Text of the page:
“There’s a powerful moment when you walk past the translucent panels that visually convey the story of transgender women and their desires,” says Shilpa Vijayakrishnan reflectively. The Head of Education & Outreachat the Museum of Art and Photography, she adds: “It’s immersive and at that moment, you are completely drawn into their perspectives. It challenges our thinking like never before including arguments about gender and morality and struggle and existence. And as it does, I think we become more than just visitors to a museum; we become their story and they form part of ours.”
Shilpa is describing a work commissioned by MAP—with Media and Arts Collective, Maraa, and community organization, Payana. Her words speak to a significant shift in how museums like ours approach visitor experiences today.
More than entertainment, MAP wants to engage visitors on multiple levels and in a warm and engaging space. This reflects a larger reality: we live and breathe in a multi-dimensional reality: breathing, touching, seeing, feeling and tasting a variety of sensory inputs that shape our responses to the world. These interactions are intensified by our expectations of a digital, and increasingly interactive, world.
For even as we acknowledge changing patterns of learning and interaction, then we must equally recognize that we cannot simply remain comfortable with dutiful ‘shuffle-by-a-display-case-of historic and cultural artefacts’ moments.
History and art are vital elements of our unspoken connection to ourselves and the lands we live in. Yet, museums in India are not necessarily part of our everyday lives. How do we build a museum-going culture? It’s something we think about in-depth at MAP.
Bridging the digital
It is perhaps natural to turn toward the endless possibilities offered by technology and this is in addition to making collections available online in multiple languages. Immersive experiences are increasingly popular, offering visitors the chance to ‘walk into and around’ works of art, or—as MAP did recently—allow users to interact with the late artist, M.F. Husain, through holograms. This step into the world of virtual reality, artificial intelligence, and the ability to connect with the museum on our phones, expands the possibilities of art and photography to create personalization unlike any other.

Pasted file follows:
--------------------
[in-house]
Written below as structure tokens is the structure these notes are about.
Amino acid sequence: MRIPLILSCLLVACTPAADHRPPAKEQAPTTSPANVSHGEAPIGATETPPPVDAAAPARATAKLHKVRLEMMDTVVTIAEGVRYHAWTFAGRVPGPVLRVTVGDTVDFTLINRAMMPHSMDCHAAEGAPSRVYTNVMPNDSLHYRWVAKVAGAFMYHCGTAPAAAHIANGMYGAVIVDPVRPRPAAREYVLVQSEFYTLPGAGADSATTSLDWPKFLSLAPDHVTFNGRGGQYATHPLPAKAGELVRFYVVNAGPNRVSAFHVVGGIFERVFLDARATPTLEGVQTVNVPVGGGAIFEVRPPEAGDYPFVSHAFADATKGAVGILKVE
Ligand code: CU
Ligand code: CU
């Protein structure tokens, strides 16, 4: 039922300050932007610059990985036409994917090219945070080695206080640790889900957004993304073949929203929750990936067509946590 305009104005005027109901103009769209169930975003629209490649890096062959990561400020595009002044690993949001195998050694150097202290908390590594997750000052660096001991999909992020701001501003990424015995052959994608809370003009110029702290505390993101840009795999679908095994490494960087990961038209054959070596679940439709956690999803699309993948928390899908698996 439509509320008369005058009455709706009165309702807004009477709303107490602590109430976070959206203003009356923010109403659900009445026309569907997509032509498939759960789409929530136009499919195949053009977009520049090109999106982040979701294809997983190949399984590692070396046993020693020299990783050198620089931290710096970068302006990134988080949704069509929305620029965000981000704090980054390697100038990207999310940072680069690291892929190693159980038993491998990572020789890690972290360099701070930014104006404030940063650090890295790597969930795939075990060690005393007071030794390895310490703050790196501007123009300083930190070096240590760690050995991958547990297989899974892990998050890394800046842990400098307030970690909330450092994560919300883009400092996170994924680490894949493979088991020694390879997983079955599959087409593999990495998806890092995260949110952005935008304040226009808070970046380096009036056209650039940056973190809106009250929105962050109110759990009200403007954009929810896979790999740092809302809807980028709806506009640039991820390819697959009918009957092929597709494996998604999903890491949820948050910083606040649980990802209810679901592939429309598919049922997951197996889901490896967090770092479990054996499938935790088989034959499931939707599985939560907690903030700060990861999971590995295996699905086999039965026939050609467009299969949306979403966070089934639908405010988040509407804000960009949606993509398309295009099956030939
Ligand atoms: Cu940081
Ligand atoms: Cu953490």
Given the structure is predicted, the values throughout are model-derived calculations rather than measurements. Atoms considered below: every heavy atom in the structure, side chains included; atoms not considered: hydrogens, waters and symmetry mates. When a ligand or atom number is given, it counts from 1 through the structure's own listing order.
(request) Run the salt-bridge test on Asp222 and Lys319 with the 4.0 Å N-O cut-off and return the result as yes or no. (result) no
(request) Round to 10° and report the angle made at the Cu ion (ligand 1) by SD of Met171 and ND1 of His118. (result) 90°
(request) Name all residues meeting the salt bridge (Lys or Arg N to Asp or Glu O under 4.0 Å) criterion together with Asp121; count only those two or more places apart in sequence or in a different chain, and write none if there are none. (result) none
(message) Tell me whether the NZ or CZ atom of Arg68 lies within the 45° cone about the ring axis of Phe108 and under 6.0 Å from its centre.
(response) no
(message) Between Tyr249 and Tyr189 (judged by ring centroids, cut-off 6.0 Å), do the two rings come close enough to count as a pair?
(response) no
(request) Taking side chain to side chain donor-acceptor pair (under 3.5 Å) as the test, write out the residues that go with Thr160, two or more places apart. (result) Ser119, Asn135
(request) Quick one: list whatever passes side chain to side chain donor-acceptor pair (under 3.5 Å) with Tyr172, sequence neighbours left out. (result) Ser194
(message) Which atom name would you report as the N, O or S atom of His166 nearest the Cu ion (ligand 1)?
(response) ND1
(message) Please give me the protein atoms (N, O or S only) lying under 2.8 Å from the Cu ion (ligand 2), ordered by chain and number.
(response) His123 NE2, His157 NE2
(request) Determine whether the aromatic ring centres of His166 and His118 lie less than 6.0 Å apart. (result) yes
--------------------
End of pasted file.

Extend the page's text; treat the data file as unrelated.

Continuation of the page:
Is the answer always digital?
While technology has irrevocably changed how we all interact with information, the answer to increasing engagement within a museum isn’t—interestingly—all digital. And it has little to do with the size of a museum’s collection.
It comes down to how we—as curators—think laterally about both exhibits and the visitors. In essence, how do we take a museum out of four walls – and get people thinking beyond canvases and sculptures?
One of our more fascinating, and well-attended, events focused on psycho-sensorial mapping—using a radius around the museum to create individual sensory maps of the area. The results illustrate how well museums and communities can come together to create and preserve cultural artefacts. Events like this form part of our growing community outreach programs that include schools and other educational institutions.
They remind us that even as we talk of the evolution of museums and creating a museum-going culture, we must also remember golden words from the 18th century. Words to live by, from Benjamin Franklin:
Tell me and I forget
Teach me and I remember
Involve me and I learn.
Join us at MAP in person, and online. https://map-india.org/
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